That being said, the extraordinary circumstances are as important to the fun for me as the ordinary people, so I don’t think I’d be very good at say literary fiction. I think it’s important as a writer to play to your strengths and be realistic about your limitations, while at the same challenging yourself to grow.
Is there any story you have written that you personally hold in higher regards? If so how come?
While I love each of my works at least for one particular thing, I have to say overall One of Us is my overall favorite. I wrote it with a fierce joy without the usual angst and speed bumps. It just poured out of me. This novel was my first with Orbit, which allowed me to work with Bradley Englert, an editor who knows how to get the best out of me. He challenged me to refine the book and take it to another level. That part was even harder work but just as joyful and rewarding. I couldn’t be happier with the result.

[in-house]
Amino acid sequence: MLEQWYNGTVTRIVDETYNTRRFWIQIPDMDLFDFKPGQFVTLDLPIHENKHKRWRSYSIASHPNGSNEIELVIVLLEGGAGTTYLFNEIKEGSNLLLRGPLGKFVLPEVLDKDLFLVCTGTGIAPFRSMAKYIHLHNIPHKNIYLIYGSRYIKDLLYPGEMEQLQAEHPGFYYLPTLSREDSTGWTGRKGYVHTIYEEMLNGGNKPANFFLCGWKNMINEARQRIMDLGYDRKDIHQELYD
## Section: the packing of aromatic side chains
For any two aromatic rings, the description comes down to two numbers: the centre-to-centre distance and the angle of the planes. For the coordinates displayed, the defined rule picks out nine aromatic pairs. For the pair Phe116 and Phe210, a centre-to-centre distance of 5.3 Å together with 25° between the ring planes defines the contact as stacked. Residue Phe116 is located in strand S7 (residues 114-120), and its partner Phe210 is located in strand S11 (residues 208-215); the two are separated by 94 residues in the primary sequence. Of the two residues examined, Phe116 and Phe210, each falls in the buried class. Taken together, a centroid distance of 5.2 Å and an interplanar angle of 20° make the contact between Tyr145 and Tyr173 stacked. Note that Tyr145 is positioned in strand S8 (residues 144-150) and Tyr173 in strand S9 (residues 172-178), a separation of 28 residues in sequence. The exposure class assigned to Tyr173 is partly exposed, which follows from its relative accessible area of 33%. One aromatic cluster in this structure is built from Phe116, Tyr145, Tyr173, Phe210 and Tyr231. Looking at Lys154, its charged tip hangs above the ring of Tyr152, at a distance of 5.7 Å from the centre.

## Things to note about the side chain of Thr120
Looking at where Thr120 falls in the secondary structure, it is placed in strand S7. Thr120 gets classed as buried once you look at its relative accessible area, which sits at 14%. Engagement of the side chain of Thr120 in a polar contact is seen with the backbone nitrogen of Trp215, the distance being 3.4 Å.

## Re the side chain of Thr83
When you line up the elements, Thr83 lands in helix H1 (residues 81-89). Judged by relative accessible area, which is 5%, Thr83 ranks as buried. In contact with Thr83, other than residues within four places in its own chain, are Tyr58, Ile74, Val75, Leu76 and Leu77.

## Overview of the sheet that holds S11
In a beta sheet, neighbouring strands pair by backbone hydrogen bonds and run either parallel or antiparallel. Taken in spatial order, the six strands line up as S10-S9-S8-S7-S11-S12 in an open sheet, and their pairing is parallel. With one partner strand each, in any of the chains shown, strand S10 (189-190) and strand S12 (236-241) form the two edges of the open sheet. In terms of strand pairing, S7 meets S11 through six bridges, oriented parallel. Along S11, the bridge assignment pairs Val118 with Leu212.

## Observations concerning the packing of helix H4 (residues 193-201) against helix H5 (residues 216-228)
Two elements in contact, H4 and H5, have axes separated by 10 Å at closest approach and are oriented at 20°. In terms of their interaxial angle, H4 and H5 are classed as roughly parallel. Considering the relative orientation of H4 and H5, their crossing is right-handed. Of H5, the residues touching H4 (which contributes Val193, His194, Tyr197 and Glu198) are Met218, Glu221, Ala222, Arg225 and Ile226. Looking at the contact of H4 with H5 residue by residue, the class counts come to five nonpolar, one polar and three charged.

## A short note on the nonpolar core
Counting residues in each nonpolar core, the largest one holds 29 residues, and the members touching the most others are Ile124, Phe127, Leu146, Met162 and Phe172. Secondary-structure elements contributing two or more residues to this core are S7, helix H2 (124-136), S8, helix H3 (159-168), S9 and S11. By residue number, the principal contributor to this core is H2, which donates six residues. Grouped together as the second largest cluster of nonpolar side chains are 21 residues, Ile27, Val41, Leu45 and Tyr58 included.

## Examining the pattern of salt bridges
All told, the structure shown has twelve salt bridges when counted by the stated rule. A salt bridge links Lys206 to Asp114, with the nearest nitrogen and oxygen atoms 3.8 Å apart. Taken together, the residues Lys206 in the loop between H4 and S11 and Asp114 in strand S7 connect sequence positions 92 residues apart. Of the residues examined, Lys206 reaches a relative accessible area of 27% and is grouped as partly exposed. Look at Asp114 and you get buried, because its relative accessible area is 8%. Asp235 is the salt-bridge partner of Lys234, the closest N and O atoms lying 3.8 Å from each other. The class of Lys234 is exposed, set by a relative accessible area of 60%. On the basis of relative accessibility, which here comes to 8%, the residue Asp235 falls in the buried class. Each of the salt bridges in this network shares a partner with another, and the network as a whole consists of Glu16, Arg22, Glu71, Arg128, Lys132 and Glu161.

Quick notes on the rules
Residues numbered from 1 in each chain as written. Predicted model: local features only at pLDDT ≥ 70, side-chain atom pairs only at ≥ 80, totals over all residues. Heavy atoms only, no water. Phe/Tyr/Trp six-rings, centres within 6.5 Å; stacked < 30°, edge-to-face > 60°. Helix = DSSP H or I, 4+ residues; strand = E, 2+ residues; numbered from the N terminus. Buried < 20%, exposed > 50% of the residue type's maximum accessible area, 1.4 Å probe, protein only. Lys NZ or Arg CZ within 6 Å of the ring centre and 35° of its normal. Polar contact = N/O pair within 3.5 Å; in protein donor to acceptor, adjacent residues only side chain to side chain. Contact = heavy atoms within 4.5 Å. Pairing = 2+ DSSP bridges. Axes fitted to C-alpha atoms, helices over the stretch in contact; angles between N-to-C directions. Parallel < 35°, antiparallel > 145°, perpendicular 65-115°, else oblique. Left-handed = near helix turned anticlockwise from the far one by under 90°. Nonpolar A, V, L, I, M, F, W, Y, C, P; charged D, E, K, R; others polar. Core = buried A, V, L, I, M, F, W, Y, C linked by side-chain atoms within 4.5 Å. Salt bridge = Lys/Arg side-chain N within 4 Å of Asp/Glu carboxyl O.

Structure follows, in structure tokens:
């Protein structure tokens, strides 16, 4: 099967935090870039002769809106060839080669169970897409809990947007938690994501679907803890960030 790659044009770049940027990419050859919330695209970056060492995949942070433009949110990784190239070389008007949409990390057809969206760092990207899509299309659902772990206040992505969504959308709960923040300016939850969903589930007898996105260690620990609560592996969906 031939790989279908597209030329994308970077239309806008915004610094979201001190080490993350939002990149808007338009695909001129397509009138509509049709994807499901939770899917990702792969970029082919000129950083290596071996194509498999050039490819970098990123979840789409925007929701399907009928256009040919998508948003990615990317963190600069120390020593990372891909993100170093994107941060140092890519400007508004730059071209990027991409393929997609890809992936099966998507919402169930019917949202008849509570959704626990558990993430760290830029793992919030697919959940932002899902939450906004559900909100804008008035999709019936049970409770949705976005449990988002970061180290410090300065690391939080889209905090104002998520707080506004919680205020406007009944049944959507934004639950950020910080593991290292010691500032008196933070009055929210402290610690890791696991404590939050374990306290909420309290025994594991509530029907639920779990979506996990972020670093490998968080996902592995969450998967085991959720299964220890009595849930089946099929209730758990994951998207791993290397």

After One of Us releases, what is your next project?
I just turned in final revisions for Our War, set to be published by Orbit in August 2019 and available in audio, eBook, and hardcover and trade paperback. The novel is about a UN worker and journalist who discover the use of child soldiers during a second American civil war. The story focuses on a brother and sister forced to fight on opposite sides. As with One of Us, I hope readers will find it powerful and heartbreaking, and that they’ll reflect on the theme of political tribalism and its dangers.